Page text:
Wednesday, August 9, 2017

Beastwoman Smells Guuud

"Won't be hard to pull you underground
And won't be long 'til you love me
And I'll be coming at your back to bring you down
Leave you with an open wound
Left to die alone like an animal"

Genitorturers - Lecher Bitch

Minor Tyranny spoilers.
While Obsidian's recent RPG Tyranny suffered more than its share of problems, mostly revolving around its unsatisfyingly truncated last act, it offered among its better features the companionship of an NPC roster running the gamut of an evil overlord's minions, lackeys, henchmen, grunts and toadies. Ya got the fanatics, collaborators and conscripts, the bootlicks and backstabbers and the scheming usurpers, and of course no evil overlord's army would be complete without a breed/brand of nominally inhuman monsters to confirm, by proxy, the villain's own place outside the cozy, empathetic bonds of human normalcy.
Meet my trusty bolverk, Kills-in-Shadow.
Though she seems to spend most of her time scratching her hairy pits or even hairier teats, this girl really comes through for you whenever you need some heads bashed in or limbs ripped apart. Her playstyle's a perfect complement for my own mix of squishiness, suicidal aggression and crowd control. Unable to equip any armor, waiting for me to initiate before launching herself into the fray, dashing across the battlefield while knocking enemies on their asses, howling and yelping when she gets in over her head, she'd be a laugh riot even if she weren't both well-written and well-voiced.
Her dialogue manages to play up the moldy old routine of the primitive and/or imbecile musclehead who hasn't mastered personal pronouns (what TVTropes calls "Hulkspeak") while somehow coming across as quite natural, clever and even weirdly... poetic, at times. Beastwoman speech strings varied adjectives around a few evocative verbs to great effect, and belying its initial awkwardness, you quickly learn that Kills-in-Shadow suffers little impediment in communicating her feelings on any number of topics. Often this entails a concise, lurid bluntness. Possibly the scariest moment in my first playthrough came when Kills-in-Shadow confessed getting a bit frisky toward my character -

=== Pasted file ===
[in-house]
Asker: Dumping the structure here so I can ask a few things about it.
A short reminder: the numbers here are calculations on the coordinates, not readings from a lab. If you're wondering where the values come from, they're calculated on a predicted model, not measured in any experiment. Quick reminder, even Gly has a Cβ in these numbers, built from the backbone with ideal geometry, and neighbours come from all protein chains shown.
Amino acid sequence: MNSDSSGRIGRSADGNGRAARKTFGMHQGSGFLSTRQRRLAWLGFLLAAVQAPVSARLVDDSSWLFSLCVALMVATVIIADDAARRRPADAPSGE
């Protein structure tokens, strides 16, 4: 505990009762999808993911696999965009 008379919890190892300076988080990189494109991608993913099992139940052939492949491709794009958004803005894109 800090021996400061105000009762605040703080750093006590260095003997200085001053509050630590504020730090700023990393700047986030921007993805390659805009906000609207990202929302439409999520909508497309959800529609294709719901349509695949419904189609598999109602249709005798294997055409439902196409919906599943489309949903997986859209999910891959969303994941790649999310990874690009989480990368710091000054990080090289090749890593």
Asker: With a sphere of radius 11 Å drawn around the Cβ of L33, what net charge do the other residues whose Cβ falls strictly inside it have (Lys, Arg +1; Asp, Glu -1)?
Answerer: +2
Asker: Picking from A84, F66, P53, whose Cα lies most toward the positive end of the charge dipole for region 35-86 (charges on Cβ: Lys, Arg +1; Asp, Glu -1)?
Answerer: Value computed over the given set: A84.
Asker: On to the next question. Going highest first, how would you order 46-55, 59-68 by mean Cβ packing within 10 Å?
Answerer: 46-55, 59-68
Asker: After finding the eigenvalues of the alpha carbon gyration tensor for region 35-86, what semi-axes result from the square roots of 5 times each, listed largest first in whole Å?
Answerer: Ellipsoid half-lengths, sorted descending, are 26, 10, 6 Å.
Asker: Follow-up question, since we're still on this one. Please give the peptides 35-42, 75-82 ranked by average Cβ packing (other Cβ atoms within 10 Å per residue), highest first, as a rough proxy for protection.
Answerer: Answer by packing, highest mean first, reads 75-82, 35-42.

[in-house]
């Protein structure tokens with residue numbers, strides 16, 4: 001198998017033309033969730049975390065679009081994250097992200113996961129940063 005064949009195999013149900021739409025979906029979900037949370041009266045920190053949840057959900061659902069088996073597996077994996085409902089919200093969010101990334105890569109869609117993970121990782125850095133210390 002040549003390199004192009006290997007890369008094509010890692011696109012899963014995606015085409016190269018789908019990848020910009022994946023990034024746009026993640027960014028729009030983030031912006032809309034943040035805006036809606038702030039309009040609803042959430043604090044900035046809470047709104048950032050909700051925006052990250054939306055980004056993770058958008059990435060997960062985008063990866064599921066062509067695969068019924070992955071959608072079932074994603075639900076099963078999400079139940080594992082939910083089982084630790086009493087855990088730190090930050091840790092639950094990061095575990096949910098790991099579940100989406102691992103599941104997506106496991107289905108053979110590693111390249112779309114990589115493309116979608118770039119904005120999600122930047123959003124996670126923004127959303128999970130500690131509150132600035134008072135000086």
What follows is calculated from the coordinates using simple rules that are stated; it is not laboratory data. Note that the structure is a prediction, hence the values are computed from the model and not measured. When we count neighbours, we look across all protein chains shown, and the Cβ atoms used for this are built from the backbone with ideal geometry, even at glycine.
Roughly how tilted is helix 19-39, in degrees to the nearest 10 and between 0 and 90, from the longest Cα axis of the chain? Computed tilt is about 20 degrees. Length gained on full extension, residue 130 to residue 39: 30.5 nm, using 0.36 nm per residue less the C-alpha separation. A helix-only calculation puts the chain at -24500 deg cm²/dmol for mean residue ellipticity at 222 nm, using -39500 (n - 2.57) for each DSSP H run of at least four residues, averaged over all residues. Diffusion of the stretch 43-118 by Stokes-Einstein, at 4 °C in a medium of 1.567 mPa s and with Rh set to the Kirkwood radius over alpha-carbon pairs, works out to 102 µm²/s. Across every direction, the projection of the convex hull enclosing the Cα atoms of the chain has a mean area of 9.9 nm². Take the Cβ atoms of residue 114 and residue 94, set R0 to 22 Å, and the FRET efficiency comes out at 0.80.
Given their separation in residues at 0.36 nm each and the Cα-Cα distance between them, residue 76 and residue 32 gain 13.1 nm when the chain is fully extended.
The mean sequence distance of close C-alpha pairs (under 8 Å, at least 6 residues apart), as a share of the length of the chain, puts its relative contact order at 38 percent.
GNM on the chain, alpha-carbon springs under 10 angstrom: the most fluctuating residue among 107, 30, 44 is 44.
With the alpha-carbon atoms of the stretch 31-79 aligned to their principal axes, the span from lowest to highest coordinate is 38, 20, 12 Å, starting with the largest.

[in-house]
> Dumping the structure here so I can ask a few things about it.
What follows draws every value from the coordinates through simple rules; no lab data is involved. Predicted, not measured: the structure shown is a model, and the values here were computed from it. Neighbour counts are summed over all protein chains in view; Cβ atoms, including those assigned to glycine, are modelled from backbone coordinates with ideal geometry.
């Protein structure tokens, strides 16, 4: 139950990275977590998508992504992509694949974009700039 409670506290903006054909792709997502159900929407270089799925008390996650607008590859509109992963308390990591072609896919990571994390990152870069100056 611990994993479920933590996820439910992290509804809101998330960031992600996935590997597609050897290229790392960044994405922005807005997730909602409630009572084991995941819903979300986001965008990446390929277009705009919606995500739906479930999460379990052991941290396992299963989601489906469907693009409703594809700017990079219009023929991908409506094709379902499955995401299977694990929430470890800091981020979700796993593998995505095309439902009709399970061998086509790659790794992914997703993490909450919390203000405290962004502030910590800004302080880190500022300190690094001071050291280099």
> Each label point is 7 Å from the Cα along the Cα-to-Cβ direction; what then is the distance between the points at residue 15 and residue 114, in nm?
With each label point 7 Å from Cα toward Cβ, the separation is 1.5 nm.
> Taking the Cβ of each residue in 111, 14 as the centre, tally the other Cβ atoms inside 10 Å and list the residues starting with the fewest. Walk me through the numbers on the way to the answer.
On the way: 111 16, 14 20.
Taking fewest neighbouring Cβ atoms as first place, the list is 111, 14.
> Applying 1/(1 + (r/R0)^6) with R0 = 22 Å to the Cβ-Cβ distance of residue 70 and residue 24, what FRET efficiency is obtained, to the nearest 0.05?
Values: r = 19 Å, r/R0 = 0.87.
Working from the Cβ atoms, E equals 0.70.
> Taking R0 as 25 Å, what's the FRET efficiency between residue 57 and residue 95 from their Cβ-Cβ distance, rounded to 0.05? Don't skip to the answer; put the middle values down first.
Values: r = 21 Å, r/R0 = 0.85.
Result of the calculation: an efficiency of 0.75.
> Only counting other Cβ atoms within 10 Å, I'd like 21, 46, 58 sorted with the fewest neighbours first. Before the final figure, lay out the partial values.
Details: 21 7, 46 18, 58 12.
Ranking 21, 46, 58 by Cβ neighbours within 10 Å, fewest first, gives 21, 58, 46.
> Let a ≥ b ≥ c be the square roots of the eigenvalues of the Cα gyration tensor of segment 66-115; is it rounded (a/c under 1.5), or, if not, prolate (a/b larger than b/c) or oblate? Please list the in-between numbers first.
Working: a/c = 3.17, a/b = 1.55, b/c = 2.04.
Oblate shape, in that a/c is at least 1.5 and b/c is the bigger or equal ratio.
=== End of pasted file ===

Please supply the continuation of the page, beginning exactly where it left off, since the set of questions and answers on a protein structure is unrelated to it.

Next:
- especially since it's not clear whether she intends to ride me like a pogo stick or floss her fangs with my intestines or both in whichever order. As with Barik's particular quirk suggesting a similarity to Vhailor from Planescape: Torment, several conversations with Kills-in-Shadow bring to mind Ignus' freewheeling mania, a loose cannon you can barely manage to keep rolling away from yourself, though unfortunately in terms of gameplay she doesn't seem to ever go as far as turning against you like Ignus could.
Or maybe I just like her too much and consistently stayed on her good side... by bitchslapping her down to enforce pack hierarchy.
In any case, she counts among the various reasons to consider Tyranny a truer spiritual successor to the original Torment than the more kid-friendly Tides of Numenera claims to be.

The success of the character hinges partly on some good voice acting maintaining a quick, excitable, rolling tempo to that third-person caveman routine which prevents it from sounding stiff or dopey. Largely, however, she and the whole beastwoman race were solidly designed from the ground up for both an instantly recognizable thematic place within Kyros' world and for internal consistency. Not as stupid as they seem but for the most part lacking self-control or a measurable attention span, their dialogues reveal an appropriately bestial synesthesia, a hypersensitive maelstrom of haptic, olfactory, visual and aural data keeping their decision-making solidly mired in the obsessive bloodthirsty "now."

They're a welcome slap in the face to furries and their tendency to infantilize the object of their fascination, to every mewling catgirl on the internet, and every vegan werewolf begging for treats. They break modern cliches left and right, not least the more recent bemoaning of racism among fictional elves and goblins. Tyranny's various human societies share an almost universal racist prejudice against these sentient predators, but it's for the most part entirely justified. They prove themselves at every turn to be vicious, impulsively murderous and largely deserving of their gradual extermination. They make Larry Niven's Kzinti look clean-cut, clearheaded and reasonable by comparison. Kills-in-Shadow's on your side after all, the evil, ravenously megalomaniacal side of the story and ironically, it's arguably the most evil and sadistic faction in the game which is even willing to enroll beastmen at all rather than hunt them to extinction. These ain't heartstring-tugging beaten puppies.

As for Kills-in-Shadow, she's quickly earned her place in the roster of truly memorable cRPG henchmen, with the added distinction of being one of the least likeable or sympathetic.

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